#3: No Legal Identity
The Ecumenical Patriarchate has no legal identity or bona fide legal personality in Turkey.
The lack of a legal identity is a major source of problems for the Ecumenical Patriarchate including non-recognition of its ownership rights and the non-issuance of residence and work permits for "foreign" (i.e. - non-Turkish) priests who are essential to the continuity and functioning of the Ecumenical Patriarchate. The Turkish authorities do not allow the Ecumenical Patriarchate to own any property - not even its churches! The Patriarchal house itself is not recognized as the Patriarchate's property and even the Girls and Boys Orphanage Foundation on the Island of Buyukada (Prinkipos) for which the Patriarchate has held a deed since 1902 is not legally recognized by the Turkish government. The inability to secure work permits by "foreigners" who work at the Ecumenical Patriarchate results in these individuals having to leave the country every three months to renew tourist visas which disrupts the operation and productivity of the Ecumenical Patriarchate and discourages staffing from abroad.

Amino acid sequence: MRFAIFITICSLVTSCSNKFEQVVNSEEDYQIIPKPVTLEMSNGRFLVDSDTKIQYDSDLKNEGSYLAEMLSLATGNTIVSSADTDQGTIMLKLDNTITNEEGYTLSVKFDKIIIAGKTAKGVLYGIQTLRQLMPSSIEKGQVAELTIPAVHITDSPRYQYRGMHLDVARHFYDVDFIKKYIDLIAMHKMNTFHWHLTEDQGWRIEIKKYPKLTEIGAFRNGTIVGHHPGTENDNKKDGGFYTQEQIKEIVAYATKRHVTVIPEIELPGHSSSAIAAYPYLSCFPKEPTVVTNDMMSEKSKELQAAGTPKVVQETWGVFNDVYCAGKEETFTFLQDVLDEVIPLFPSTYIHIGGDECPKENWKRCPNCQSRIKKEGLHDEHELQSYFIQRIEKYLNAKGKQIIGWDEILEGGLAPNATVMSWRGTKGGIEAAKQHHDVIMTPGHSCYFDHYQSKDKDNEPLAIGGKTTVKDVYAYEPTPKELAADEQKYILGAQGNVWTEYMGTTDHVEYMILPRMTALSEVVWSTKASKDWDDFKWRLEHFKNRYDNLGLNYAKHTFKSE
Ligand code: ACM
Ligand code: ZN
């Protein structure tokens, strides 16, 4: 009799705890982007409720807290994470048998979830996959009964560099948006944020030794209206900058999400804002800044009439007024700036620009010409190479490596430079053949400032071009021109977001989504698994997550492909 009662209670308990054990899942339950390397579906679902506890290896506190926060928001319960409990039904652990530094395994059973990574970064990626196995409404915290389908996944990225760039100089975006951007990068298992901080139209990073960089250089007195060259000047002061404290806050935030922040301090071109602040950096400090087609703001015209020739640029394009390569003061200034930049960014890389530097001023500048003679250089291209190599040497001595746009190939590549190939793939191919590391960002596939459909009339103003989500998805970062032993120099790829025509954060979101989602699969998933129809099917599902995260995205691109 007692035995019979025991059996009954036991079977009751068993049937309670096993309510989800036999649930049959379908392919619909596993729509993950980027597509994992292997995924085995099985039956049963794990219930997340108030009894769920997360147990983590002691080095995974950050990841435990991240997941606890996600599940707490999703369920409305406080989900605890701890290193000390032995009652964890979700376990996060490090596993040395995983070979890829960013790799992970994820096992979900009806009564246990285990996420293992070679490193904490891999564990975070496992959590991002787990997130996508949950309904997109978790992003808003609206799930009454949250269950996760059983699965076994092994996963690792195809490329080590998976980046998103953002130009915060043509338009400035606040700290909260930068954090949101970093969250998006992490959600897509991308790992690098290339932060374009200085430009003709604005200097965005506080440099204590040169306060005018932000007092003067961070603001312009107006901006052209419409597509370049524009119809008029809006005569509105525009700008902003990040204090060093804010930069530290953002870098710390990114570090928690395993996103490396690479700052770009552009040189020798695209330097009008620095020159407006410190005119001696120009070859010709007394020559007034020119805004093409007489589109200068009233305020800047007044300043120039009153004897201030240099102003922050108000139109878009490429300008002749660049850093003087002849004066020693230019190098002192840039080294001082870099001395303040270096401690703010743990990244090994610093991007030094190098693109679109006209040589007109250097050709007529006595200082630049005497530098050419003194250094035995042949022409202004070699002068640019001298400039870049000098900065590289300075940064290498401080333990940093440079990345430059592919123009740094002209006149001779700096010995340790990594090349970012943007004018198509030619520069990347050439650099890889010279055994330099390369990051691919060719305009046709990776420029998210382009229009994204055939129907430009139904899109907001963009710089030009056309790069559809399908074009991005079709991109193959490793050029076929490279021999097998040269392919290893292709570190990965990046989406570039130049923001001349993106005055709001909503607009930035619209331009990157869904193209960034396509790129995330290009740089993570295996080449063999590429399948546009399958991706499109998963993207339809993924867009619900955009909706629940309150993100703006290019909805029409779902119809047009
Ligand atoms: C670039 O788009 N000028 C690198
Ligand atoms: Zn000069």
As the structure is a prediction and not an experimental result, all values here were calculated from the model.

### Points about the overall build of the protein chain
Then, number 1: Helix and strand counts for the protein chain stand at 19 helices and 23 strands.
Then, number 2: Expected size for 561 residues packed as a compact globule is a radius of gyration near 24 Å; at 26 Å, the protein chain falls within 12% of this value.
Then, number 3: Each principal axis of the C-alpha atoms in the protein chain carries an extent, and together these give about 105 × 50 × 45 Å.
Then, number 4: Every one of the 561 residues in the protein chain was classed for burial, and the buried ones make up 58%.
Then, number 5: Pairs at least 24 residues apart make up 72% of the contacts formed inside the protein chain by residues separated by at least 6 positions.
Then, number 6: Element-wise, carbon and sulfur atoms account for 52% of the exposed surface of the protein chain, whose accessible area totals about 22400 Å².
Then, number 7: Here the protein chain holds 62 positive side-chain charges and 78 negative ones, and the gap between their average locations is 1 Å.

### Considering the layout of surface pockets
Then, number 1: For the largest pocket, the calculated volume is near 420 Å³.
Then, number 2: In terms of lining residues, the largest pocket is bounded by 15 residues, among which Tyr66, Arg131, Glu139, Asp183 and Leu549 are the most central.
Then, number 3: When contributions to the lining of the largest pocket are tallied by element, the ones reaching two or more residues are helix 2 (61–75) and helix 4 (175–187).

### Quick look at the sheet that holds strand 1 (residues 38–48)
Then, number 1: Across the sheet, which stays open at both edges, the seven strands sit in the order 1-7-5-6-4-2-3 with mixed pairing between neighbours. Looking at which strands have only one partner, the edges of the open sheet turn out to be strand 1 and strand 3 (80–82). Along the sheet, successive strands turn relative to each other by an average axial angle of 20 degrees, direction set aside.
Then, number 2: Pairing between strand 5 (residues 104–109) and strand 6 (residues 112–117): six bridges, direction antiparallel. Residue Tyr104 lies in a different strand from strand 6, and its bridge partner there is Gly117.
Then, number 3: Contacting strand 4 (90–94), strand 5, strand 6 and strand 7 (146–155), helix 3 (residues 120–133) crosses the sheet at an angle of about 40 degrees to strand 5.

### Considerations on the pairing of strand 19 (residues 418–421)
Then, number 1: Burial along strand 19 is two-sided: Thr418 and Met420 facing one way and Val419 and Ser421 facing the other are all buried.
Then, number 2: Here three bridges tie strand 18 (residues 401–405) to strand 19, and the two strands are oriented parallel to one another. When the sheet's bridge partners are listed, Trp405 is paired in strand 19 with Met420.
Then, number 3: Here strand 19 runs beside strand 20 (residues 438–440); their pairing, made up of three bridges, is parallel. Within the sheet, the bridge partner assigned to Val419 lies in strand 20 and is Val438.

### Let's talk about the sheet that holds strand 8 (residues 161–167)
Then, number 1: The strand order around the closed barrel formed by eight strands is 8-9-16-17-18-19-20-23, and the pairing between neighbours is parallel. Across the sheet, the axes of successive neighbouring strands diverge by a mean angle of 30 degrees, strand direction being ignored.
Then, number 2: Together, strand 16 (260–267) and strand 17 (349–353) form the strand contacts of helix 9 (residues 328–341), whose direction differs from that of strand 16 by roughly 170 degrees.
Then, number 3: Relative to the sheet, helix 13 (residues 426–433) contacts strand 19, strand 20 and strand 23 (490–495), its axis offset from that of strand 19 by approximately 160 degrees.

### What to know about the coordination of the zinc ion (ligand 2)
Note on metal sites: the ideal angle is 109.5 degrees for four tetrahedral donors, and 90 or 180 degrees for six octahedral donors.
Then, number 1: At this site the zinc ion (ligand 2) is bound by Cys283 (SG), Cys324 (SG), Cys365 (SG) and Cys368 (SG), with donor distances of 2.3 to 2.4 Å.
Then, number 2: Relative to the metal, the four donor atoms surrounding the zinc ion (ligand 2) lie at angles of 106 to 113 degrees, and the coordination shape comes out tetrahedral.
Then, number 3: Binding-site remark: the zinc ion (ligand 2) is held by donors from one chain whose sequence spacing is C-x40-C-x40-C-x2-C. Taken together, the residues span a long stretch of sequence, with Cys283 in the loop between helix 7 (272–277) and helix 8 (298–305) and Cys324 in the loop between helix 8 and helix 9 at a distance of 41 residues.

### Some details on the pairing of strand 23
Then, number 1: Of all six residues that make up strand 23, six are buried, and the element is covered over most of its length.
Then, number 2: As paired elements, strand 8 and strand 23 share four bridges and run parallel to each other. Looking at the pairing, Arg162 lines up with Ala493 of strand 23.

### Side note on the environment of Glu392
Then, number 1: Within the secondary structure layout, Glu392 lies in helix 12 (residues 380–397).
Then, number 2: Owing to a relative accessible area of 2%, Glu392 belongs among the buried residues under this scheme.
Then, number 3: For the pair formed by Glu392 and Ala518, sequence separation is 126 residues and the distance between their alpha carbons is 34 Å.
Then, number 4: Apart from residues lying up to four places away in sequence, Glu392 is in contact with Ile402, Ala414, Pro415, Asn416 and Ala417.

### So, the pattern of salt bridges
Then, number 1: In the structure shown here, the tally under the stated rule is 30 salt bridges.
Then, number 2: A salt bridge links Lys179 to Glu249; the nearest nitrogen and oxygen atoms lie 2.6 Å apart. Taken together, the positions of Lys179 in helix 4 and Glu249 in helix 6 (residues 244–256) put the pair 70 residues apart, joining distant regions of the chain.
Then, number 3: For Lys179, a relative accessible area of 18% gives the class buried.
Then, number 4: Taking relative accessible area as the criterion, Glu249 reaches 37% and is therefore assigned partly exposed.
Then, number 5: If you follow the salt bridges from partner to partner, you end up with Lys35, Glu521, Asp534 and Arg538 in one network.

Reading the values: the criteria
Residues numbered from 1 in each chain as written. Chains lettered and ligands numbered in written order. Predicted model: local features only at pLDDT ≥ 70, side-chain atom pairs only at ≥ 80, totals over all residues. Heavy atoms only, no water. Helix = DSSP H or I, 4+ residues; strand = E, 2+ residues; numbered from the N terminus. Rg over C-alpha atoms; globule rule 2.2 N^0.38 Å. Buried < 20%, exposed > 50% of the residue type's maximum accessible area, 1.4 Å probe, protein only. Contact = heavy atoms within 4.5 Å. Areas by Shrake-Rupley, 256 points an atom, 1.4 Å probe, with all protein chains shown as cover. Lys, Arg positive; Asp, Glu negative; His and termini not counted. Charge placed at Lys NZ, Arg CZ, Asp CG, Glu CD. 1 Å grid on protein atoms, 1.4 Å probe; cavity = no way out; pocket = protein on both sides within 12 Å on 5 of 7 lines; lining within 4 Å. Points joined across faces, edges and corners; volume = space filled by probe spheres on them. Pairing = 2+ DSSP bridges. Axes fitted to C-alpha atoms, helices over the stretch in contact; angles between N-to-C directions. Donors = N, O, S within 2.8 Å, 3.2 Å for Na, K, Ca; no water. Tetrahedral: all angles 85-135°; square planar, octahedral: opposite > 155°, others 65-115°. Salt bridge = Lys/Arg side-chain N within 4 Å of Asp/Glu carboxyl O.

5 Issues of Concern
Daily Scripture Readings
The Hurriyet Daily News reports on 'Hagia Sophia, Halki mark religious freedom panels' by Vercihan Ziflioğlu
An international conference on “religious freedom in Turkey,” was held in Berlin, focusing on the Hagia Sophia and Halki Seminary issues, which have remained problematic for decades.
I have spent the past three days in the German capital, to attend an international conference organized by the Archons, a religious order whose main focus is to protect the rights of the Ecumenical Patriarchate in Istanbul. But the conference, aptly titled “Tearing down walls,” was focused not only on the Ecumenical Patriarchate or the tiny Greek Orthodox community in Turkey but also other religious minorities that suffer religious freedom violations.
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